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'Jimmy Dean's Last Dance' review

By Alexander Wallace

The author was provided an Advanced Review Copy of this novel.

Sometimes, the people in the media we fawn over are taken from us far too young. We will look back on their short careers as being filled with so much potential, despairing at the great work that we will never get to see; as such, it’s a small cottage industry in the alternate history genre. In his novel Jimmy Dean’s Last Dance, A. K. Alliss does this for one of the great heartthrobs of the 1950s: James Dean.

In this world, James Dean never dies in the car crash outside Cholame, California that felled him in 1955 at the age of twenty-four. In this world, he continues his career in Hollywood into the 1960s, coming to be quite familiar with another celebrity who also died too young: Marilyn Monroe.

The plot begins with Monroe and Dean enjoying quiet time one evening in 1962. He leaves. That night, Monroe is found dead in her home in Brentwood, Los Angeles. Almost immediately, Dean is suspected of having had a hand in her death.

The novel then becomes a deftly-plotted conspiracy noir thriller. All sorts of unsavory elements get involved, from the scummier parts of Hollywood to organized crime to multiple agencies of the United States government. Much of this, I suspect, is invented, but it is thrilling all the same. Alliss takes an approach with Dean, Monroe, and other historical figures in a way that strongly reminds me of the argument Gary Oswald made in his essay Why Write Alternative History? about how this genre allows you to write about familiar characters while maintaining an element of the unknown.

The tour of early 1960s Hollywood continues when Dean calls in a favor from an old friend of his with whom he had been involved with in some rather shady business: a musician by the name of Elvis Aaron Presley. The shady business the two had stumbled into is entirely fictional; in doing so, Alliss departs from historical reality in a way that would probably be considered too much by the writers for this august publishing house, but it’s worth it. Dean and Presley are a fantastic leading duo, confronting agents of many different groups, all viewing this unlikely duo as an obstacle.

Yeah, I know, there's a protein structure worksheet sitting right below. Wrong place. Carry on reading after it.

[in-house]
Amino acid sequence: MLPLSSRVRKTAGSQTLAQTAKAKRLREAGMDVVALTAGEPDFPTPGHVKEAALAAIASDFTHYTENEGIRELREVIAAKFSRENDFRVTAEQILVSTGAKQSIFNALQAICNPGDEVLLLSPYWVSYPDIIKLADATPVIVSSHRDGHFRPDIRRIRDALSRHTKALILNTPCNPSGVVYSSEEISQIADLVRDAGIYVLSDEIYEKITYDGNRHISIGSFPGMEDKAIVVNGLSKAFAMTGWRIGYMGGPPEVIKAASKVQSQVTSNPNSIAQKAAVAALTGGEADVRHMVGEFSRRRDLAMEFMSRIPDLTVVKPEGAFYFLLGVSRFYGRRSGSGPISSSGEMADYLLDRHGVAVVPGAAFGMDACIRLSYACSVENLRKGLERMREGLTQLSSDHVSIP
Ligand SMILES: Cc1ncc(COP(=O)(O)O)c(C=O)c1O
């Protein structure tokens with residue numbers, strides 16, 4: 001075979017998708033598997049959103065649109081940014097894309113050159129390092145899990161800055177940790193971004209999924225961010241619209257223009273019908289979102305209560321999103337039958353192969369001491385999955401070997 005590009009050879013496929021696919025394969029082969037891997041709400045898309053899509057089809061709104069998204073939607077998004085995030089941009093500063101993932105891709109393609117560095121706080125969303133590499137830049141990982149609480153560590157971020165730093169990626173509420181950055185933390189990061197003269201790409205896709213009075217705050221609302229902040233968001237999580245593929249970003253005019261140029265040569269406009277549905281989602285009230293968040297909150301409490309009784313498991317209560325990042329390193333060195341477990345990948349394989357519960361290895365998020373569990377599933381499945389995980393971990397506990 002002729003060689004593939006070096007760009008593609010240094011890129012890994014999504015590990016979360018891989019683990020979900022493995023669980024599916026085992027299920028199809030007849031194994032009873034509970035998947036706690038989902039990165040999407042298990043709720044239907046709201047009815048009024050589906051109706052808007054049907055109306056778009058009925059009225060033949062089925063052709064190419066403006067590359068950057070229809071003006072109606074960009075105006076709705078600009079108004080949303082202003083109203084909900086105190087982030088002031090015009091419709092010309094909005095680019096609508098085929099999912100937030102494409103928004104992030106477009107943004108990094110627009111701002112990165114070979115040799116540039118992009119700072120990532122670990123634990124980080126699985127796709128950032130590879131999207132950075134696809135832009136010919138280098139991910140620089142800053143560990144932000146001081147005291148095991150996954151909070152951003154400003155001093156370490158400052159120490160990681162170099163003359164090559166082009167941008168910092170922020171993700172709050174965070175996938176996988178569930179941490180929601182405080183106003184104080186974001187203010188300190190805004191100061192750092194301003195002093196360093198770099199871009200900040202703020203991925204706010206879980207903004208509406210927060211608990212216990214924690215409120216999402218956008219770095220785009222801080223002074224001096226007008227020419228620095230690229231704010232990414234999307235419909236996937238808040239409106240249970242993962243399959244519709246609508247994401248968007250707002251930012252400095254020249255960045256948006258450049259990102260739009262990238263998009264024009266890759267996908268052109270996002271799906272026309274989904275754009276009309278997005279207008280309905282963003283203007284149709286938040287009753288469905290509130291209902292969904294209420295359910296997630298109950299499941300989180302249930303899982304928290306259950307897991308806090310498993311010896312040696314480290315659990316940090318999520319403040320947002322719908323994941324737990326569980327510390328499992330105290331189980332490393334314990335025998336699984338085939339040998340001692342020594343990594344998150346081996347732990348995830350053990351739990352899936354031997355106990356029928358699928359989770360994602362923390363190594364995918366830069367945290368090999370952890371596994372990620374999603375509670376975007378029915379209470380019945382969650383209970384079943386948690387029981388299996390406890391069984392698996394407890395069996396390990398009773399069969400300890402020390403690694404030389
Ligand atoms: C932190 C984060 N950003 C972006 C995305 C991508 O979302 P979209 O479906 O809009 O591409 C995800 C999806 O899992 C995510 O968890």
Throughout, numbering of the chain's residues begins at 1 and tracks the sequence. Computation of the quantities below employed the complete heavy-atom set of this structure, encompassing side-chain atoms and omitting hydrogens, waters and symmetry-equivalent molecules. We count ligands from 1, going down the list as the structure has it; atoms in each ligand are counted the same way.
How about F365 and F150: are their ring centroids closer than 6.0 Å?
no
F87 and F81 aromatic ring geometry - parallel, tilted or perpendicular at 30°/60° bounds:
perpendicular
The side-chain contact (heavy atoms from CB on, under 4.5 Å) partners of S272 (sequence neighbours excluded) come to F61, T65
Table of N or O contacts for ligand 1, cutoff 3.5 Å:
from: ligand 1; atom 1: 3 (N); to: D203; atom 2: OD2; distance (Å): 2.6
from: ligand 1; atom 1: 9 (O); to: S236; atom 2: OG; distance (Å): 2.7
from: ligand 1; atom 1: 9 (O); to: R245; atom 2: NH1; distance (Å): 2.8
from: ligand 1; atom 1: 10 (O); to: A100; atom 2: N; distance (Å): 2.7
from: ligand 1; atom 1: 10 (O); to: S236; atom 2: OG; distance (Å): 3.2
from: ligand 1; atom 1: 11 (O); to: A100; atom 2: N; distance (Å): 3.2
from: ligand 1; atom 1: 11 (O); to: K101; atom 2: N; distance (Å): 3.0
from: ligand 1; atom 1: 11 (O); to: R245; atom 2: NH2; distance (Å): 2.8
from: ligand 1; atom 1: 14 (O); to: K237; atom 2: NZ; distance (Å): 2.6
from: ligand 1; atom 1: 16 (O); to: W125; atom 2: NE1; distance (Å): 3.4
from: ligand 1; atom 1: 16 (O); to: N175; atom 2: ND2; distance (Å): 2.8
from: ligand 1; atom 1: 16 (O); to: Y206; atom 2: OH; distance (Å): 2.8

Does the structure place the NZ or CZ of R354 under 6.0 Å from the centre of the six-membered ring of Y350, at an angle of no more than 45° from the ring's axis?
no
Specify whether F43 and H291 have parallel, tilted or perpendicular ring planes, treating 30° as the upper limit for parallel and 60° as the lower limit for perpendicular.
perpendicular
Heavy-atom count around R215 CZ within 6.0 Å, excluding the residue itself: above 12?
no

Both members of that duo feel like real people, even if they are icons today. Dean is a character who is distraught at the shocking death of a friend, more than a little overwhelmed by circumstances. Who wouldn’t, when you’re contending with the US government and organized crime? Presley is also well-sketched, as someone who doesn’t even have a personal connection to the case but is intent on doing what needs to be done anyway.

This already exciting plot is furthered along substantially by the brisk writing. Alliss made the crucial decision to write this novel in the present tense, rather than the more conventional past-tense. It is a decision that makes the plot move along like lightning, imbuing already good prose with an urgency that makes you keep turning the page.

My only issue with the book is its lack of female characters. You have Marilyn Monroe, who is found dead relatively early on in the book. Otherwise, the only women who show up are either background characters or show up late in the book.

Overall, I had a lot of fun with Jimmy Dean’s Last Dance. It is a thoroughly unconventional alternate history novel, and one of the very few published examples of pop culture alternate history. It is a surprising treat, and a novel that many writers in the genre could learn from.



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